Though there was much outrage and anger amongst the sporting fraternity over the callous attitude of the sports administrators while dealing with “gender issues” and society in general that treats its out-of-favour sporting heroes with disdain and disregard, nothing came of it. Contrast this with Caster Semenya of South Africa, also a middle-distance runner, who nearly lost the gold she won at the 2009 Berlin World Championship after she failed a similar gender test. But her nation rallied around her to safeguard her dignity, her rights and position in world sports. She was also her country’s flag-bearer at the London Olympics 2012.
Santhi Soundarajan supported Semenya, the South African track star whose gender has sparked an international athletics controversy. Soundarajan feared that Semenya would face the same "humiliation" that she did if the South African failed a gender test.
Santhi Soundarajan support to Dutee Chand
Soundarajan extended her support to Dutee and said the youngster should not be victimized. She also expressed her dismay at the lack of sensitivity in the handling of the Dutee Chand issue, fearing that the young athlete’s future may have now been jeopardized. Soundarajan demanded that all steps be taken to ensure the 18-year-old’s return to the track.
In popular culture
A documentary Y can’t I run? is a complete story of Santhi Soundarajan.
In January 2007, the Tamil Nadu Chief Minister Karunanidhi awarded Soundarajan a television set and a cash prize of Rs. 1.5 million for her Doha Games effort, despite the fallout of Soundarajan failing a gender test. Soundarajan spent her reward money on her students; there are an average of 65 (trainees) and none of them is charged any fee.
In September 2007, Soundarajan was reported to have attempted suicide, reportedly by consuming a veterinary drug at her residence. The attempt was blamed on gender, economic, and sports pressure in India. Two months later, Soundarajan took up coaching, starting a training academy at her home district of Pudukkottai, and became an temporary athletics coach with the regional government. By 2009, her academy had 68 students and her students had won the first and third positions in the Chennai marathon. As per reports Santhi Soundarajan worked as a daily-wager in a brick kiln and earns Rs 200 per day.
In July 2012, the Union government stepped in to spread a protective arm around her. She was admitted to the course in Bangalore in 2013 with the sports ministry funding her education. Soundarajan was one of the 24 coaches in athletics, out of the 108 students who attended the course in eight disciplines. Santhi Soundararajan's dream of becoming a qualified athletics coach came true on 30 April 2014 when she was awarded the NIS diploma certificate at the Sports Authority of India graduation ceremony in Bangalore. Soundarajan doesn't have a permanent job now. Commenting on Soundarajan's situation, Olympic shooter Anjali Bhagwat, who termed the incident as "shameful," said “The athlete should be given at least a central or state government job for her financial stability, in lieu of what Santhi has done for the country,”.
Santhi met Pon. Radhakrishnan, Minister of State for Road Transport and Highways, Olympic silver medallist Rajyavardhan Singh Rathore, Minister of State for Information Technology and Broadcasting, and Union Sports and Youth Affairs Minister Sarbananda Sonowal on 16 December 2014 in New Delhi to present her request. She urged the authorities to help her to get a permanent job as an athletics coach and to restore her 800m silver medal from the 2006 Doha Asian Games.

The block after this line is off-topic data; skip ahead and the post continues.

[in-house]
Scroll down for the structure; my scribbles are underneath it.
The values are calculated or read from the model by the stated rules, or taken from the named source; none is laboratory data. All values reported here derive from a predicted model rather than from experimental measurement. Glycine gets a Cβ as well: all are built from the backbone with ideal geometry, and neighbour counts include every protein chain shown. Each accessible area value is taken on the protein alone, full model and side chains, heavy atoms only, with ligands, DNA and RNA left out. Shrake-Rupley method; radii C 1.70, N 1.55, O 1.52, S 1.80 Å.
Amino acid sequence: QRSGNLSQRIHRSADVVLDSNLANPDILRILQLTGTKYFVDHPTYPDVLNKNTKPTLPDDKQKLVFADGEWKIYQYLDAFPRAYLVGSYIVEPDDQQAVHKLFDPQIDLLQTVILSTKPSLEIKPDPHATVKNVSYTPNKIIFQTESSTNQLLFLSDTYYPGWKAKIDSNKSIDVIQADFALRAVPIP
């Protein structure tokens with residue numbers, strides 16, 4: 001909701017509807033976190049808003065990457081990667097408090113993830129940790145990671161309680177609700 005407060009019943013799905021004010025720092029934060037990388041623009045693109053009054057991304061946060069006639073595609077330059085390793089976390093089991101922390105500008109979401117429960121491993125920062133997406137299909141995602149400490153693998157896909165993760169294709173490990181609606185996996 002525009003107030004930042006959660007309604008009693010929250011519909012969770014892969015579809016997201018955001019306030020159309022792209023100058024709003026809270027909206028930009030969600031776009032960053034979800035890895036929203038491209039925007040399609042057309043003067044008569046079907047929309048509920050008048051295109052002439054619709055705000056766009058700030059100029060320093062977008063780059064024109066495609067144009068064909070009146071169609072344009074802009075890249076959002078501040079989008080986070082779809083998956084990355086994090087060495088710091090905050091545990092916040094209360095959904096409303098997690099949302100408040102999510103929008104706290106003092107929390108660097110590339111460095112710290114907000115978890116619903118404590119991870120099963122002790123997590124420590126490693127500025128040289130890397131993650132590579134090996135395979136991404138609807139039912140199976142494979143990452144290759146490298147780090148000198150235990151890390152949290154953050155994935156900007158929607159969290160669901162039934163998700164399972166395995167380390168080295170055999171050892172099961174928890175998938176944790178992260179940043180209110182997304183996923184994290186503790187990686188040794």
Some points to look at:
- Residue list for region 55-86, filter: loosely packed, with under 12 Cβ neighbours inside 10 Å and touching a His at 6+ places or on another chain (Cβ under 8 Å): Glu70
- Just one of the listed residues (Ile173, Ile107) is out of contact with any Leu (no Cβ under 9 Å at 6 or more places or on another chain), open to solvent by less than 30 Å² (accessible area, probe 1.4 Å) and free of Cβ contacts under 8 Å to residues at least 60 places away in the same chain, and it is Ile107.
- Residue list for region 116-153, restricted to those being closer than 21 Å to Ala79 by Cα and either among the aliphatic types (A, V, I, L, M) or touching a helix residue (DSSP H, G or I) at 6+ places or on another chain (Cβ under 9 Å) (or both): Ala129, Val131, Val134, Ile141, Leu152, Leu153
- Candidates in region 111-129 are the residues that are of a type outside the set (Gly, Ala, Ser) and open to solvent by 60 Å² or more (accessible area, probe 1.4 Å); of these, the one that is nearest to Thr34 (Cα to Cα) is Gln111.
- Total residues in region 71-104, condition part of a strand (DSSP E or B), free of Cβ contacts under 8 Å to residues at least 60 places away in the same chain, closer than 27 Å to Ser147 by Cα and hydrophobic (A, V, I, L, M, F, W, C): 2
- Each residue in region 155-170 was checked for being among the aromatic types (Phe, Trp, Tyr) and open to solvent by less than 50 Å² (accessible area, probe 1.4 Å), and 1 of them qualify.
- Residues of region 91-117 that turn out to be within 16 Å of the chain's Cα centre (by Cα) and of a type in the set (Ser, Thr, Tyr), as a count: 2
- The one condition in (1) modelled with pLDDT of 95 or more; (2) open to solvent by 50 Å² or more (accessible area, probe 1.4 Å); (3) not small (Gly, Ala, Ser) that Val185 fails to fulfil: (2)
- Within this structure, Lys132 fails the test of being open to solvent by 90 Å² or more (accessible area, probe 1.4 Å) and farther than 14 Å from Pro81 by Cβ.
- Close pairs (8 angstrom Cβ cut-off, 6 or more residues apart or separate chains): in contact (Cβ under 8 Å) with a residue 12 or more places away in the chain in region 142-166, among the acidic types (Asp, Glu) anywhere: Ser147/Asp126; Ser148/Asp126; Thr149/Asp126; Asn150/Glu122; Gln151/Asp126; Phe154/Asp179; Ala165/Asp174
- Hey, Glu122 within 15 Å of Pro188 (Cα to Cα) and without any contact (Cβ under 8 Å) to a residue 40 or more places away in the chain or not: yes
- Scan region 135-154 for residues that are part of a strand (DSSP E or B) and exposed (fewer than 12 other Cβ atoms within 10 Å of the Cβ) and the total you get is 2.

Radhakrishnan, a political heavyweight from Tamil Nadu, in turn, wrote to Sports Minister Sarbananda Sonowal to release the cash award to Santhi. But the Ministry’s response to her request for the release of prize money and a permanent job under sports quota has dealt a massive blow to Santhi’s receding hopes. Santhi has been informed through a letter that since the medal has not been restored to her, the Ministry cannot give Rs 10 lakh cash award for the medal. Also, the Ministry does not provide or recommend jobs in central/state government offices.
Soundarajan has won 11 international medals and 50 national medals, including:
- Silver Medal - 2006 Asian Games - 800 meters
- Gold Medal – 2005 Asian Indoor Games – 4x400 relay
- Gold Medal – 2005 Asian Indoor Games –800 meters
- Gold Medal - 2006 Asian Indoor Games – 1500 meters
- Gold Medal - 2006 Asian Indoor Games – 4x400 relay
- Gold Medal - 2003 International Peace Sports Festival - 5000 meters
- Silver Medal - 2005 Asian Athletics Championships
- Silver Medal - 2004 Asian Grand Prix, Bangalore - 800 meters
- Silver Medal - 2004 Asian Grand Prix, Pune - 800 meters
- Silver Medal - 2003 International Peace Sports Festival - 800 meters
- Bronze Medal - 2003 International Peace Sports Festival – 400 meters
- India strike it rich in track and field events, The Hindu, 9 December 2006
- "Indian athlete fails gender test". BBC News. 18 December 2006. Retrieved 20 August 2009.
- "Indian silver medalist female runner at Asian Games fails gender test". International Herald Tribune. 18 December 2006.
- Saner, Emine (30 July 2008). "The gender trap". The Guardian. Retrieved 20 August 2009.
- "The sad story of Santhi Soundarajan". The Times of India. 9 January 2007. Retrieved 20 August 2009.
- "Sex-test failure attempts suicide". Fox Sports. 6 September 2007. Retrieved 20 August 2009.
- S. Sen (20 December 2006) "AFI to investigate Santhi case, uneven diet cited as possible reason" The Raw Story
- "Cities / Madurai : Madurai comes out of the closet". The Hindu. 30 July 2012. Retrieved 10 October 2012.
- "Santhi turns to coaching after suicide attempt". Taipei Times. 11 June 2009. Retrieved 20 August 2009.
- "Asiad medallist labours at brick kiln". 24 July 2012.